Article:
Directly after the panel, I said some good-byes, jumped in my Kia Spectra, and hit the road for Duluth, Georgia. I guess I left around 3:30 Central Time. My navigation system took me mostly on I-20 to get home, so I traveled most of the night on mostly empty Interstate through mostly rural areas. I made it home around 9 a.m. Eastern Time, posted this poem and prompt on my Poetic Asides blog, did a little work, and then took a 3-hour nap before getting ready for my weekly Monday night Cub Scout den meeting.
Just like that, I left a world of non-stop poetry to rejoin a world of editorial deadlines, first grade Tiger Cubs, and a beautiful wife, who I wished could've experienced Austin with me. I had so much fun that I'm sure we'll get out there again, and next year is AIPF's 20th anniversary!
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By the way, my limited edtion chapbook of poetry, ENTER, was officially released earlier this month. Many of the poems I read at AIPF were from this collection. Those poems were well-received there, and I've already received some good reviews from readers of the collection, including this from Andrew Kreider in an e-mail message titled Loving Enter: "Thanks for sending me a copy of ENTER. I read it in one sitting, and immediately went back to start again. Then gave it to my wife, who did the same thing. So many poems in the collection became worms in my brain. Courageous and challenging. With lots of space for the reader to enter the worlds you describe. I love the unassuming cover and simple layout - the whole piece is kind of subversive, which is very cool. Thanks for bringing these words to life, and for sharing them with the rest of us."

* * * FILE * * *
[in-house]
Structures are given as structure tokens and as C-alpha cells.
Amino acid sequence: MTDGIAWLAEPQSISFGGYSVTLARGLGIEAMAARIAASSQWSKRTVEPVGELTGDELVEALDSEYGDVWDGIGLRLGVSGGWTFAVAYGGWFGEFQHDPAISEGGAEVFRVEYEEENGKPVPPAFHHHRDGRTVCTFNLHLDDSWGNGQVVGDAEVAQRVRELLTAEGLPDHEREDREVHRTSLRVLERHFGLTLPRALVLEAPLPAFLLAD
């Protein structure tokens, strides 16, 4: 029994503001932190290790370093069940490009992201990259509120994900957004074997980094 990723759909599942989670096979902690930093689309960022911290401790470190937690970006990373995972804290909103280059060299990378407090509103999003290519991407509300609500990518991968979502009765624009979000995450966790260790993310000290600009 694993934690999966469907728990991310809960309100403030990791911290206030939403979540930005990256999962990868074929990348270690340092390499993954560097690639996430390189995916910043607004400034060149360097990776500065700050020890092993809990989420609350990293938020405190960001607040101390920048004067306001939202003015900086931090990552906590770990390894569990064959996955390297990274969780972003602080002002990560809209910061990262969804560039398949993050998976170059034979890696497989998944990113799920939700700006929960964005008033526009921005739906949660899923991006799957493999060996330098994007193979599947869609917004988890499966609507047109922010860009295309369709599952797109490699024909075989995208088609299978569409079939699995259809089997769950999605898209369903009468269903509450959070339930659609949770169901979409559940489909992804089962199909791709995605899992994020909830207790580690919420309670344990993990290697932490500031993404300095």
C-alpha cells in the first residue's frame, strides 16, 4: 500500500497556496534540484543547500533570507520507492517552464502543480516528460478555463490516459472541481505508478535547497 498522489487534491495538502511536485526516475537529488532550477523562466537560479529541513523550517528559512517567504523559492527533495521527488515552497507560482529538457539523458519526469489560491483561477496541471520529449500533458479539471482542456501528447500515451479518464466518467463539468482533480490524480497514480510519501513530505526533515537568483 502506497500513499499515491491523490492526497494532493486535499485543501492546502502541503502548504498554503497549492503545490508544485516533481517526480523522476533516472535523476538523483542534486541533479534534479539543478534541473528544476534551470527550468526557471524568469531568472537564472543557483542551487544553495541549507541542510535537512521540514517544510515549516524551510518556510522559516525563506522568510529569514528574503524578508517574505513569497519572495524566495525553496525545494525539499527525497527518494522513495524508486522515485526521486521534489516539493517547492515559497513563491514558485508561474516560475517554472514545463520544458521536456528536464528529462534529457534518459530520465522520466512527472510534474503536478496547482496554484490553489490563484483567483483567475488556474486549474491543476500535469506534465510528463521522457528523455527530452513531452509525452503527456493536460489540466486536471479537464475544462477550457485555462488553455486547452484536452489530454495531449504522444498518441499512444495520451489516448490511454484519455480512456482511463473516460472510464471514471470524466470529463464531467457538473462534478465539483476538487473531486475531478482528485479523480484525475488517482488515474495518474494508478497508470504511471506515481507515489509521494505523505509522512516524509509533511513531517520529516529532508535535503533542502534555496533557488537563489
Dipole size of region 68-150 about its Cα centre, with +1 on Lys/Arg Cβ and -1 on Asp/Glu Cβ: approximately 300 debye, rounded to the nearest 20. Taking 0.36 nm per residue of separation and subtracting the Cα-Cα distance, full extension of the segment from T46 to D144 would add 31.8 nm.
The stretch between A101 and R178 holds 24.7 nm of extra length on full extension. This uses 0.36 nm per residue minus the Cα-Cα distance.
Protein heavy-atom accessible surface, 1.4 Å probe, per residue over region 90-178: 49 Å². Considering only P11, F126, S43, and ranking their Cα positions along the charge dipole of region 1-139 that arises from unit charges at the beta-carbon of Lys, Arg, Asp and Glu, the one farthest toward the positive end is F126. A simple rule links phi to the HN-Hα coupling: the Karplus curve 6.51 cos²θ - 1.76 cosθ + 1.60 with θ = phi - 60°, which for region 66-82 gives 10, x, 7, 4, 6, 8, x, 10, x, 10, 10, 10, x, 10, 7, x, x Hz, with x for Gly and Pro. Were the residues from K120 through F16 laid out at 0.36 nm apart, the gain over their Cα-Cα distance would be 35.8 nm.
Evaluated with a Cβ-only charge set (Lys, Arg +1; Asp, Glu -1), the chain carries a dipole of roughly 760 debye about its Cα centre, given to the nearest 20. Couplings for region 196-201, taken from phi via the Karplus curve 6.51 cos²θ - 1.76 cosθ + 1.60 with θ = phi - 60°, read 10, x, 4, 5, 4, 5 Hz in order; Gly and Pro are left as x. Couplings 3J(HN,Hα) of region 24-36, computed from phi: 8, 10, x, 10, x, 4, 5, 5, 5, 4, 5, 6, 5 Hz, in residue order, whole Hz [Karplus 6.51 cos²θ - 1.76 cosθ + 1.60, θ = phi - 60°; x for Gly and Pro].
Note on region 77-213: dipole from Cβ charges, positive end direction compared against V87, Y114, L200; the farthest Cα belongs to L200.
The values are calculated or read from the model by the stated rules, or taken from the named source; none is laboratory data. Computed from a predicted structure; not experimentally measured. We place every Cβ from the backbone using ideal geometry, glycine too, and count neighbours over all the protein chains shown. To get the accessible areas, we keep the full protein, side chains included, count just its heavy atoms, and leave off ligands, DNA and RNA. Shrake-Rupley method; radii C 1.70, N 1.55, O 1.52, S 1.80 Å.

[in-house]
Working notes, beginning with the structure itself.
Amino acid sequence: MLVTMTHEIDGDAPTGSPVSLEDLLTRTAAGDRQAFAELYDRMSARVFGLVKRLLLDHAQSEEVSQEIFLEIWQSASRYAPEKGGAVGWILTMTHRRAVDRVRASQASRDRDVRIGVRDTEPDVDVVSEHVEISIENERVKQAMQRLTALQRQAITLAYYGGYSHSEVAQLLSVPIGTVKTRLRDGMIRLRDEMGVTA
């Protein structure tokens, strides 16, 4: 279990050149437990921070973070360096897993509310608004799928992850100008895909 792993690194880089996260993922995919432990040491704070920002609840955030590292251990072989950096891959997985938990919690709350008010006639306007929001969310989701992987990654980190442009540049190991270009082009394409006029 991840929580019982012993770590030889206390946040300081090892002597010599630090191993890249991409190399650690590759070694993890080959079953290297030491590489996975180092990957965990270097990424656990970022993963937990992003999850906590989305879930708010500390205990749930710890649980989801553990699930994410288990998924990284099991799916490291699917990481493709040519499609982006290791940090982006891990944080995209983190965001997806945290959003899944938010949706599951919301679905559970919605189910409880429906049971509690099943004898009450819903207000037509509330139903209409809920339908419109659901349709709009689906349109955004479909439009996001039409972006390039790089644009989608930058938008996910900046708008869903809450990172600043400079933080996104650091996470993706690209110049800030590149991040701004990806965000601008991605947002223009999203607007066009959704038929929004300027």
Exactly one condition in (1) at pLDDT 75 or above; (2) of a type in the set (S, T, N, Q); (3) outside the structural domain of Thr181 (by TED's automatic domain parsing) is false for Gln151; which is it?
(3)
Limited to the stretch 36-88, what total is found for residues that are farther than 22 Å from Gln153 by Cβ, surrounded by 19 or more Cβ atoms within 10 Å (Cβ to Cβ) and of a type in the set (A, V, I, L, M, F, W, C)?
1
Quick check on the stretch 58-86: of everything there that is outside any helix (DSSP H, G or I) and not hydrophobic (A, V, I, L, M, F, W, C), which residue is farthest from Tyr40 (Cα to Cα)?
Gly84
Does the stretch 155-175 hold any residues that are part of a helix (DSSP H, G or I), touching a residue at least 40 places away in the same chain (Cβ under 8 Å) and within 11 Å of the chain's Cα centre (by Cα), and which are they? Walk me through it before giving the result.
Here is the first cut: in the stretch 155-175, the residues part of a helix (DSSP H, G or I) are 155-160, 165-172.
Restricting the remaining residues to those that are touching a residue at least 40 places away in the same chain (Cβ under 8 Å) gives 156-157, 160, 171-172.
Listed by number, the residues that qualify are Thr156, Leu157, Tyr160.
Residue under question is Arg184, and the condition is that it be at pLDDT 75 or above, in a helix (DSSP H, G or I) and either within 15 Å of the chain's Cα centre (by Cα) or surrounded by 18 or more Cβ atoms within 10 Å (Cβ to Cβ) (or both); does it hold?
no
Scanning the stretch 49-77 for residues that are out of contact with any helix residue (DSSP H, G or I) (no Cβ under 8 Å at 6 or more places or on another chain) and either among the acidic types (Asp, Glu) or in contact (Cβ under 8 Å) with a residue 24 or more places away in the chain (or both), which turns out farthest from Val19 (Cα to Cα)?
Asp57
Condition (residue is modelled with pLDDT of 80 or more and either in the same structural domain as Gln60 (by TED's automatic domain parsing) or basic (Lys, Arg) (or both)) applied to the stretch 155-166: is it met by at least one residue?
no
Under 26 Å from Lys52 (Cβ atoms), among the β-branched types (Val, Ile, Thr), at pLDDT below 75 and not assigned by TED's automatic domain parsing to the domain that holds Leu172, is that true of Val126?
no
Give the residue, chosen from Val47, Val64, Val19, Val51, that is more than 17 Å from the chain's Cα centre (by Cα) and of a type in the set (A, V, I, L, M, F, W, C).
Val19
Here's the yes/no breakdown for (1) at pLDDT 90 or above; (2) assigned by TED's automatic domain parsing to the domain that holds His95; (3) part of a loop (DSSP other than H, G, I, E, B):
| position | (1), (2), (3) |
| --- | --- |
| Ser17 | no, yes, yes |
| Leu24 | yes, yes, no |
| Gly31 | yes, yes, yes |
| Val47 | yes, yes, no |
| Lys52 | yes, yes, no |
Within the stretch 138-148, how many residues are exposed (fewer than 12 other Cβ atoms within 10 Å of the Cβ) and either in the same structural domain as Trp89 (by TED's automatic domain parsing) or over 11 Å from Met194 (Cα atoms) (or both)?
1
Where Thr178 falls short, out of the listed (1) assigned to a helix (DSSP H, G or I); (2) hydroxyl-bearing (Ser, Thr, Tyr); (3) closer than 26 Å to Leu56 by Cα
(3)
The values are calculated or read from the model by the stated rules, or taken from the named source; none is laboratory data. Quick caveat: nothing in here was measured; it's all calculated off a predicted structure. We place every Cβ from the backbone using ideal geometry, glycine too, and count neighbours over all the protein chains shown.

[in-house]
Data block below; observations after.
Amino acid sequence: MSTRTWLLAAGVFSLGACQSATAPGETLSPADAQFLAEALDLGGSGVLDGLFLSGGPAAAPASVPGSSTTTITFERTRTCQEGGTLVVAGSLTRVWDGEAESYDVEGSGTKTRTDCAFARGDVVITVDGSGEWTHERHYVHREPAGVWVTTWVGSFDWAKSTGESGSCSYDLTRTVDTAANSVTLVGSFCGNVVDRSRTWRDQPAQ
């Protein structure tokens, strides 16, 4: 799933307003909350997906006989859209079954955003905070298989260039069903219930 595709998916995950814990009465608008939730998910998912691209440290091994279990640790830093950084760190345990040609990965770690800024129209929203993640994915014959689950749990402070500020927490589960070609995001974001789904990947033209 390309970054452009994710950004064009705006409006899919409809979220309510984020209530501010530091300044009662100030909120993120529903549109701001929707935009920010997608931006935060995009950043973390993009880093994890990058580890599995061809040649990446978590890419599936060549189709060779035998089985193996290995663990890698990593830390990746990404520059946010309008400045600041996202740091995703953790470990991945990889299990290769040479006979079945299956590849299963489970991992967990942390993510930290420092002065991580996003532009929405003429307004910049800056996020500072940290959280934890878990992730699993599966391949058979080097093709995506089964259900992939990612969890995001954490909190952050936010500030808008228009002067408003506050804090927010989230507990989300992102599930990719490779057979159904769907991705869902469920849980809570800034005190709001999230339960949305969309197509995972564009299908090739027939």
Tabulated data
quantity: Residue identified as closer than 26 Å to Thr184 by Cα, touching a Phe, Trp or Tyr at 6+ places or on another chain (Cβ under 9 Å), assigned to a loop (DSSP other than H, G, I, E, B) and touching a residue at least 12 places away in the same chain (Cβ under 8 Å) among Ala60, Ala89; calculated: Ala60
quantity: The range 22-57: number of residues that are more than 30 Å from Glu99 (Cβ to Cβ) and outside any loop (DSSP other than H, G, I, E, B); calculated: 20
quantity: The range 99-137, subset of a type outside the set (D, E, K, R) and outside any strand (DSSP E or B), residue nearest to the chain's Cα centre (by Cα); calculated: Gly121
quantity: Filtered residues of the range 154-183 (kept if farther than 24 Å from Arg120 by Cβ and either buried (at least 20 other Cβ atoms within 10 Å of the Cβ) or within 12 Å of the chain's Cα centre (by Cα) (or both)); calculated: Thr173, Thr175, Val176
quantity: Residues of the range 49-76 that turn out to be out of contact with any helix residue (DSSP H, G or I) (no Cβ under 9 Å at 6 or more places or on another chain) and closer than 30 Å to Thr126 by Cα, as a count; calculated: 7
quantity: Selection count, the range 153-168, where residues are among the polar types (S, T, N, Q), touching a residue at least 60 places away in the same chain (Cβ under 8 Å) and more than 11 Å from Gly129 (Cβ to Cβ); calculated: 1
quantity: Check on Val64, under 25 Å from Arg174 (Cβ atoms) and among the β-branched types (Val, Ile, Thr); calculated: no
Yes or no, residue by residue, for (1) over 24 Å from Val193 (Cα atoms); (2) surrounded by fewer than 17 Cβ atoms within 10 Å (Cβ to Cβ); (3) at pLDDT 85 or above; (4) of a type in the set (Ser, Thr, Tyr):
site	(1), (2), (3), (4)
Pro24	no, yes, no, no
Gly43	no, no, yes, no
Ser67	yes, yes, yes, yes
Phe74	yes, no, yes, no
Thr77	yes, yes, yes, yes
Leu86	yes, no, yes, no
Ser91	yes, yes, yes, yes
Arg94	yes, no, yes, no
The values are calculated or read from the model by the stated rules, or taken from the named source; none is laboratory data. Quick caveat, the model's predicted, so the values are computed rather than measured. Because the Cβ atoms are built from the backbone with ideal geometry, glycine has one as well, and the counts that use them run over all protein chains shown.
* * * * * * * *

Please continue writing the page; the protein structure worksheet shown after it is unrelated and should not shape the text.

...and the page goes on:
Isn't that like the coolest comment you could receive for a first collection? I think it's pretty awesome.
If you're interested in reserving a copy of ENTER before they sell out (there are only a handful left), then send me an e-mail at email@example.com with the subject line: Interested in Your Chapbook
(For those who contacted me while I was in Austin last week, I'll contact you with details tonight. I just wanted to get this summary posted while it was still fresh in my brain.)